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10-12-16 Education in the News

Star Ledger--Should Christie get to revise N.J.'s school rating system?

TRENTON — With a new federal education law set to take effect next school year, Gov. Chris Christie's administration has the chance to revise New Jersey's school rating system just before he leaves office. 

But that doesn't mean Christie should take advantage of that opportunity, a Democratic state lawmaker said Tuesday. 

Sen. Patrick Diegnan Jr. (D-Middlesex) suggested New Jersey seek an extension from the U.S. Department of Education that would allow the state to submit its new school accountability plan after the next governor takes office in 2018.

That would allow Christie's successor, possibly a Democrat, to decide what factors New Jersey schools are rated on and what to do about schools that don't meet the state's expectations. 

"I really think this is important that our new governor and new team be part of this," Diegnan said during a meeting of the Legislature's Joint Committee on the Public Schools. "I don't think (Christie's) team should be doing that." 


Adam Clark | NJ Advance Media for NJ.com| October 11, 2016 at 4:00 PM, updated October 11, 2016 at 5:20 PM


Star Ledger--POLL: Should schools ban clown Halloween costumes?

MONTCLAIR — The Halloween costume that's all the rage this year? Well, one is certainly causing rage, and rules against it.

Montclair Public Schools made headlines last week after prohibiting students from wearing clown costumes to school on Halloween, a reaction to the rash of creepy clown hoaxes, threats, and attacks that have plagued the country.

In light of a rash of creepy clown social media threats, one N.J. district is preemptively disallowing the previously popular costumes this Halloween.

In a letter to parents, the district's interim superintendent said that children who do go to school dressed as clowns will be asked to change, or leave school.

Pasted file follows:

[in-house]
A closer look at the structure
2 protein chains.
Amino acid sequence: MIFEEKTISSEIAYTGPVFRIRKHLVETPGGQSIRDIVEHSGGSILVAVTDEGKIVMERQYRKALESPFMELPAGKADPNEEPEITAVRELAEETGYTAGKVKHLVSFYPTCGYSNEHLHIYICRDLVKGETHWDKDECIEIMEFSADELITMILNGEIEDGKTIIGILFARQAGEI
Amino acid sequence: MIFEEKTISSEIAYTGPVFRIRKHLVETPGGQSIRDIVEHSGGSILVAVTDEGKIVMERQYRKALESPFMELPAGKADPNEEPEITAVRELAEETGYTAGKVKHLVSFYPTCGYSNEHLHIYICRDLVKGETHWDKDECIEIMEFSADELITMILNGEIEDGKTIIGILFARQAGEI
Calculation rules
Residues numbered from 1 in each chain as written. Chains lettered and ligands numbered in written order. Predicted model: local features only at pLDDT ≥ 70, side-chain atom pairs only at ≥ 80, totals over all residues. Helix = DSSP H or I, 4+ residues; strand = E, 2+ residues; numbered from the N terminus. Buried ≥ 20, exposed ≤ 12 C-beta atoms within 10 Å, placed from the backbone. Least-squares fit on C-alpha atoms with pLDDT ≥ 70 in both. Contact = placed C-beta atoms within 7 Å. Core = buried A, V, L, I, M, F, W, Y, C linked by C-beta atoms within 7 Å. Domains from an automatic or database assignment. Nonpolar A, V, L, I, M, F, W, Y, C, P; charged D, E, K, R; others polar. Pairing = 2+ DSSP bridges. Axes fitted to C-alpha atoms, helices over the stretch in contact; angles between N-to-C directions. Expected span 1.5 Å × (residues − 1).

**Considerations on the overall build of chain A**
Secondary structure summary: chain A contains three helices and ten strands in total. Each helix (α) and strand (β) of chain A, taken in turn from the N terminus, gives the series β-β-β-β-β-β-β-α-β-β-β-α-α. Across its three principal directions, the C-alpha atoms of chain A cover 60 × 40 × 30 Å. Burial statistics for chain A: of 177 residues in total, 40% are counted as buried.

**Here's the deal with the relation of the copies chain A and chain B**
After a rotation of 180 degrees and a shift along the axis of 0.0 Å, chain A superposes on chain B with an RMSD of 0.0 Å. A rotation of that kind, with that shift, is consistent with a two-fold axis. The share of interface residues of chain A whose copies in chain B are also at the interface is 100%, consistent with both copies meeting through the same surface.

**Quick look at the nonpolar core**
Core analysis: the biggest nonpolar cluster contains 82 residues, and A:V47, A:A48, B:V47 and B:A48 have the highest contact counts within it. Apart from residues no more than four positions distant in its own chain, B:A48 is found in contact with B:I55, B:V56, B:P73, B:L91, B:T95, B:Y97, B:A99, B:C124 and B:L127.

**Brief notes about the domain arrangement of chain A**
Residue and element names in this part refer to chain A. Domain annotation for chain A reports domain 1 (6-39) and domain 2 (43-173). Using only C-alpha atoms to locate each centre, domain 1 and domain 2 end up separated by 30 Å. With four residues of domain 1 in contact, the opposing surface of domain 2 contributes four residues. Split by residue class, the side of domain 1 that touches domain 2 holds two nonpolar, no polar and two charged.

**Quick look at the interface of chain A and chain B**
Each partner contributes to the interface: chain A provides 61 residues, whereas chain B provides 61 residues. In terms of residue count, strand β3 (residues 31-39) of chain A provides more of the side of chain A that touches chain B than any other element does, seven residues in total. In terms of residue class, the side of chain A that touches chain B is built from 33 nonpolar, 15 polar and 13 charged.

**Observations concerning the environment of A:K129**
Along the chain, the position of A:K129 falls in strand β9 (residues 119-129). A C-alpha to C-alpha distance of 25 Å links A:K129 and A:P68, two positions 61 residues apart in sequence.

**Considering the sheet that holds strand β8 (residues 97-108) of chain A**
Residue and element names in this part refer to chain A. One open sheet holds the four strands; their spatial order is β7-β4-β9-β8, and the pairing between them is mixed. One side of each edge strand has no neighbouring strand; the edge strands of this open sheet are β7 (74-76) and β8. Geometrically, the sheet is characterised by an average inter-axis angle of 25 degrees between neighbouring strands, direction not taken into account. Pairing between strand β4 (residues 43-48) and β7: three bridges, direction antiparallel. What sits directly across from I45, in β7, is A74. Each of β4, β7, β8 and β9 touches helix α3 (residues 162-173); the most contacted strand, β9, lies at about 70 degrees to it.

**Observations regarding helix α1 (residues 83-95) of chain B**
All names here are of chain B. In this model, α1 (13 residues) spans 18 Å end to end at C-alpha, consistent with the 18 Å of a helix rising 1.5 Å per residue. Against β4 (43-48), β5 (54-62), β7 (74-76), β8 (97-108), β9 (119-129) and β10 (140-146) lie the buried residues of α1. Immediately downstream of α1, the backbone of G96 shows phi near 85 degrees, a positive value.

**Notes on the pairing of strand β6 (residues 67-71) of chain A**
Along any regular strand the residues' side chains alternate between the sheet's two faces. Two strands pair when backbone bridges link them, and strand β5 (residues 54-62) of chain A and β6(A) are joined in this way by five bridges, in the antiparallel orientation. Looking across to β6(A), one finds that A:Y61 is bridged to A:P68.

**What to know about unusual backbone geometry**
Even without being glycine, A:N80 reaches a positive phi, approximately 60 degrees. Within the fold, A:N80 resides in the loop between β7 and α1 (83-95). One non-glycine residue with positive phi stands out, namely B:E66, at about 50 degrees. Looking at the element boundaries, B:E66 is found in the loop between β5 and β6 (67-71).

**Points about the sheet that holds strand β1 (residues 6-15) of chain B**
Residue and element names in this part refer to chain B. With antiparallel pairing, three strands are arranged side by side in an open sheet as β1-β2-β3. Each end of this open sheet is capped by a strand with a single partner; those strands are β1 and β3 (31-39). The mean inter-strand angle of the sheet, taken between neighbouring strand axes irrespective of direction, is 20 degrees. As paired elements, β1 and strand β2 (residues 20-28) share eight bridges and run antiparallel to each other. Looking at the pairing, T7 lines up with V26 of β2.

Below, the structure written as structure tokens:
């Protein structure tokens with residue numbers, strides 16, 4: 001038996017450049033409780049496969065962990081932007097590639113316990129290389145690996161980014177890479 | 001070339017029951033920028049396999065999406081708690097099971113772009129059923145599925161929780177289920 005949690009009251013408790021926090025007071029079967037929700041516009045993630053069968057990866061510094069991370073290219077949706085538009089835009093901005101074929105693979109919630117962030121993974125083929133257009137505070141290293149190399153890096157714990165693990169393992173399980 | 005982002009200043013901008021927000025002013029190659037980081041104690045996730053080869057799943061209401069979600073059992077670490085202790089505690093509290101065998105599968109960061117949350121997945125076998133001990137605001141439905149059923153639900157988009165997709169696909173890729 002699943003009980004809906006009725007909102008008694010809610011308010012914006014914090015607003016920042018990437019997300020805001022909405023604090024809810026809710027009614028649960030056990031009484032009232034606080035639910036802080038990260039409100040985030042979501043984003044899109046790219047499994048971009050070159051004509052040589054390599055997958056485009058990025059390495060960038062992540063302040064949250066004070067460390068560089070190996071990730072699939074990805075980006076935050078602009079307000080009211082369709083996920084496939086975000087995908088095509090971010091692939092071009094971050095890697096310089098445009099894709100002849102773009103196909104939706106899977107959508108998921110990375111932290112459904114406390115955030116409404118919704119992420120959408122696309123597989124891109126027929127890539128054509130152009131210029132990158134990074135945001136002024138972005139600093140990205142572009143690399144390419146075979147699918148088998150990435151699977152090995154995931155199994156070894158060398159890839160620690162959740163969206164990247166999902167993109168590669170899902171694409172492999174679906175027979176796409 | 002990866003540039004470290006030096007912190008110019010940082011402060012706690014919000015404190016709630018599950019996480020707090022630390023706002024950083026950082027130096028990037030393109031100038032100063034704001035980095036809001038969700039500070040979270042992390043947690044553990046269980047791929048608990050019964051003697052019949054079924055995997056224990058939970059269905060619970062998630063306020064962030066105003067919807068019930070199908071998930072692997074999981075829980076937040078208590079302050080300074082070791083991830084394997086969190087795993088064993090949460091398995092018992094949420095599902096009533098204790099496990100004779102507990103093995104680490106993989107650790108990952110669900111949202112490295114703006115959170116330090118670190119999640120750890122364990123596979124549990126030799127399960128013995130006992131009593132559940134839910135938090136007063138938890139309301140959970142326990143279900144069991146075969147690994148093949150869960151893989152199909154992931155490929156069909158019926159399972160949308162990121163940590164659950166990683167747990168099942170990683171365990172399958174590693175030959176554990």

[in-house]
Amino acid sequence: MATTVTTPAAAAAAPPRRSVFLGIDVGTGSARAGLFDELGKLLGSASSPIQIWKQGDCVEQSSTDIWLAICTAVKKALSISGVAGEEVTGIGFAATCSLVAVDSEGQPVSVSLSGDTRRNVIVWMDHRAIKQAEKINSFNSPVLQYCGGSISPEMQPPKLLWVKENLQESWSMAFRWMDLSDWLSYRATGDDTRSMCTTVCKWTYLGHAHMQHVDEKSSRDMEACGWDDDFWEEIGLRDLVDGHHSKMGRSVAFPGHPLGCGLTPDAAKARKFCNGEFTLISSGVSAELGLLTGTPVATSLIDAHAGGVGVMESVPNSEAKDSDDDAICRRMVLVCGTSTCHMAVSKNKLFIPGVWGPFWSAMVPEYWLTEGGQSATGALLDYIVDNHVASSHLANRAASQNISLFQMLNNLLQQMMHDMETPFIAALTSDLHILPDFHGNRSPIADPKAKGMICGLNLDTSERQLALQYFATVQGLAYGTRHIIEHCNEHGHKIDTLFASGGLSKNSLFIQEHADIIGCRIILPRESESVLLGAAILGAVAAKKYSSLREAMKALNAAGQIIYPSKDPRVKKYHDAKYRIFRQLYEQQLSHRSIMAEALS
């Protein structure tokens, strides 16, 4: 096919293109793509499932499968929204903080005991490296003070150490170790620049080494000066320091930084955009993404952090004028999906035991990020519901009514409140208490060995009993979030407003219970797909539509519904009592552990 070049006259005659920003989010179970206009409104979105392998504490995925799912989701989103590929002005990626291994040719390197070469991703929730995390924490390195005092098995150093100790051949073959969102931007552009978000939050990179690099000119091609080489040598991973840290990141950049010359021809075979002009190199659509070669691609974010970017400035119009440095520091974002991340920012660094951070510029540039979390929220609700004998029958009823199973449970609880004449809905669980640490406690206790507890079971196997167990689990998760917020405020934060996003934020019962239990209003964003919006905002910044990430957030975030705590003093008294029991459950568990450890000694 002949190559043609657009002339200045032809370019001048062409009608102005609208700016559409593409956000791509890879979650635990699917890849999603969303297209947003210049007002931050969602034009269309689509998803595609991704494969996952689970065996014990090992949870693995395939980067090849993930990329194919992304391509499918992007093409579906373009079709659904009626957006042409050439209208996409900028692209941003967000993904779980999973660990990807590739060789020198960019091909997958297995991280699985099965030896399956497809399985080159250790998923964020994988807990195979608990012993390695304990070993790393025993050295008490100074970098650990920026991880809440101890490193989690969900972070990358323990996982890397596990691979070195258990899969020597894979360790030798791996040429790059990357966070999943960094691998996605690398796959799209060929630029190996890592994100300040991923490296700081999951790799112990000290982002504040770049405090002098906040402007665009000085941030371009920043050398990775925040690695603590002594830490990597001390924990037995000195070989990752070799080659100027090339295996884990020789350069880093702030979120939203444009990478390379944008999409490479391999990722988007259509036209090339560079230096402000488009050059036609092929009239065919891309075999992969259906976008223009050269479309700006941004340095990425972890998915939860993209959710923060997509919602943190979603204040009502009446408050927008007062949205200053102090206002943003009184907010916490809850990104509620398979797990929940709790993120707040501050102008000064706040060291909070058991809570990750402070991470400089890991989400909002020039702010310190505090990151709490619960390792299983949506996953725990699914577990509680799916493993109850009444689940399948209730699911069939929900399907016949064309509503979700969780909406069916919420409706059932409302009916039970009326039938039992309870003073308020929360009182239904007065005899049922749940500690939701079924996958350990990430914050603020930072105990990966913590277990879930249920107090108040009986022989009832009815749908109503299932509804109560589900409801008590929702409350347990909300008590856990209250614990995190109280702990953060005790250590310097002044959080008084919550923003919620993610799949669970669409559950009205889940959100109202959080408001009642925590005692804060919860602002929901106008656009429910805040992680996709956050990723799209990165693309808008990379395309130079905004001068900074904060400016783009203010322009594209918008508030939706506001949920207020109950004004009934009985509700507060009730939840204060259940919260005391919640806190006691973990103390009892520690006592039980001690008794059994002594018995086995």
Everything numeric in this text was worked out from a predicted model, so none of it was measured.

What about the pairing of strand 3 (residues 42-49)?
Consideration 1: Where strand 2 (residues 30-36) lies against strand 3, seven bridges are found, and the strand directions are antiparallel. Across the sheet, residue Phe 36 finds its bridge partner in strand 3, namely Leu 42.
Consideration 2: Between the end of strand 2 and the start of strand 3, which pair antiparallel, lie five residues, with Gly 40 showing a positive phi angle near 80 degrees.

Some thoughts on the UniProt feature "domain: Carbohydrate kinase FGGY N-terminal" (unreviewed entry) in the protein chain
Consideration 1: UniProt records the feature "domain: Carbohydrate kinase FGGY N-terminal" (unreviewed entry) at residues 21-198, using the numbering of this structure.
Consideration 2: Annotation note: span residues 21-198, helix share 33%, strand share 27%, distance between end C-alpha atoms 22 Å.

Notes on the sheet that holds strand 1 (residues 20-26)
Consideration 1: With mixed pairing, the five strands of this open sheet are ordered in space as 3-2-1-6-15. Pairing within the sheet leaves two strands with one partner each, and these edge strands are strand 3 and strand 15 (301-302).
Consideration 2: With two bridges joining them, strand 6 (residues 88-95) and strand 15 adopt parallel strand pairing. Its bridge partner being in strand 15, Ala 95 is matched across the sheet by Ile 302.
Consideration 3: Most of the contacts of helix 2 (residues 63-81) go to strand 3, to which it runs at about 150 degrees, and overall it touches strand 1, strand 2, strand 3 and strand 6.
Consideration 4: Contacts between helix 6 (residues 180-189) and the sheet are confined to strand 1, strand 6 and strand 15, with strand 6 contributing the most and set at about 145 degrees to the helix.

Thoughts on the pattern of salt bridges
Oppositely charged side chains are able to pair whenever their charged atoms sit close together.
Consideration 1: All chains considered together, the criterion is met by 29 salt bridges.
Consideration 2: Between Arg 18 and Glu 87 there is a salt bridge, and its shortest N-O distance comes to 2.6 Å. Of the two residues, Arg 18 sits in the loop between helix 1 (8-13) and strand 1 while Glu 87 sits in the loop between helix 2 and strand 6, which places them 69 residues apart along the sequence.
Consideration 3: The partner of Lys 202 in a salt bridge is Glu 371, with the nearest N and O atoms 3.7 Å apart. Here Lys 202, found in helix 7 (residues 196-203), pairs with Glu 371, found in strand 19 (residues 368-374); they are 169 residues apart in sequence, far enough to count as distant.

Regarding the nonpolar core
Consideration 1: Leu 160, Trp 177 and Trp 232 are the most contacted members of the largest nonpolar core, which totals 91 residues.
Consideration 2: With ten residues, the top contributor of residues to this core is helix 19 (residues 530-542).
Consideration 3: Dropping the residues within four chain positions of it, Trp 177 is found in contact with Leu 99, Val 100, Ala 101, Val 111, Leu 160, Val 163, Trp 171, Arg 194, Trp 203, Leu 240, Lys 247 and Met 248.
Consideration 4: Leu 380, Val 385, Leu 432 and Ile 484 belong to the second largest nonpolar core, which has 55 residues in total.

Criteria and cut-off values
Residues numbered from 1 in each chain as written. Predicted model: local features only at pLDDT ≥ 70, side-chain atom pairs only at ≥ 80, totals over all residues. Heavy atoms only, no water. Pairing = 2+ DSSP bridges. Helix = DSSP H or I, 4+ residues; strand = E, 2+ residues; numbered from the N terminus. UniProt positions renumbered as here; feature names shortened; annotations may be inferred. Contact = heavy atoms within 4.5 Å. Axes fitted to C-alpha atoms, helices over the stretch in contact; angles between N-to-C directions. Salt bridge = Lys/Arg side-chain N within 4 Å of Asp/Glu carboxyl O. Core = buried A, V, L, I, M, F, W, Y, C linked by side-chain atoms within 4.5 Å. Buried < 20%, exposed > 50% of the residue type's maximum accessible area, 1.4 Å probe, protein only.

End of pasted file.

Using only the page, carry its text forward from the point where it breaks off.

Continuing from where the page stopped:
NJ.com readers were split on the rule, with some calling the rule "ridiculous" and an overreaction, and others saying that it is a good idea, and could protect kids who innocently dress up as clowns, and get attacked by others who are frightened.


Jessica Mazzola | NJ Advance Media for NJ.com|on October 11, 2016 at 8:25 AM, updated October 11, 2016 at 9:10 AM


NY Times--Tech Companies Expect Free High-Speed Internet for Poorer Americans to Pay Off Later

WASHINGTON — There is an axiom in technology: New products typically go to wealthy customers first, before prices eventually fall to reach the masses.

With broadband now classified like a utility, telecom and tech companies, including Sprint, Comcast and Facebook, are increasingly working to make high-speed internet accessible to every American, not just a luxury. The companies are among those that have set their sights on bringing free or cheap high-speed internet service to low-income and rural populations in the United States, spurred by philanthropy and, for some, the hope of turning Americans who are not online today into full-paying customers in the future.

Those goals were on display Tuesday, when Sprint announced that it planned to give one million low-income high school students a free device and a free high-speed data plan until graduation. Facebook is also working to bring to the United States a service known as Free Basics, which gives people free access to certain websites, including Facebook. Comcast recently loosened requirements for its low-cost broadband service, expanding it to anyone in public housing.



Education Week--Storm Clouds Over Ed-Tech Law's Renewal

Approval in House, speed bump in Senate

Congress has made a late, bipartisan push to reauthorize the Carl D. Perkins Career and Technical Education Act, which governs vocational and other programs that teach workforce and career-related skills.

But it's still unclear, with a presidential election and a lame-duck session coming up, whether lawmakers will be able to get a bill to President Barack Obama's desk before a new administration and new session of Congress begin.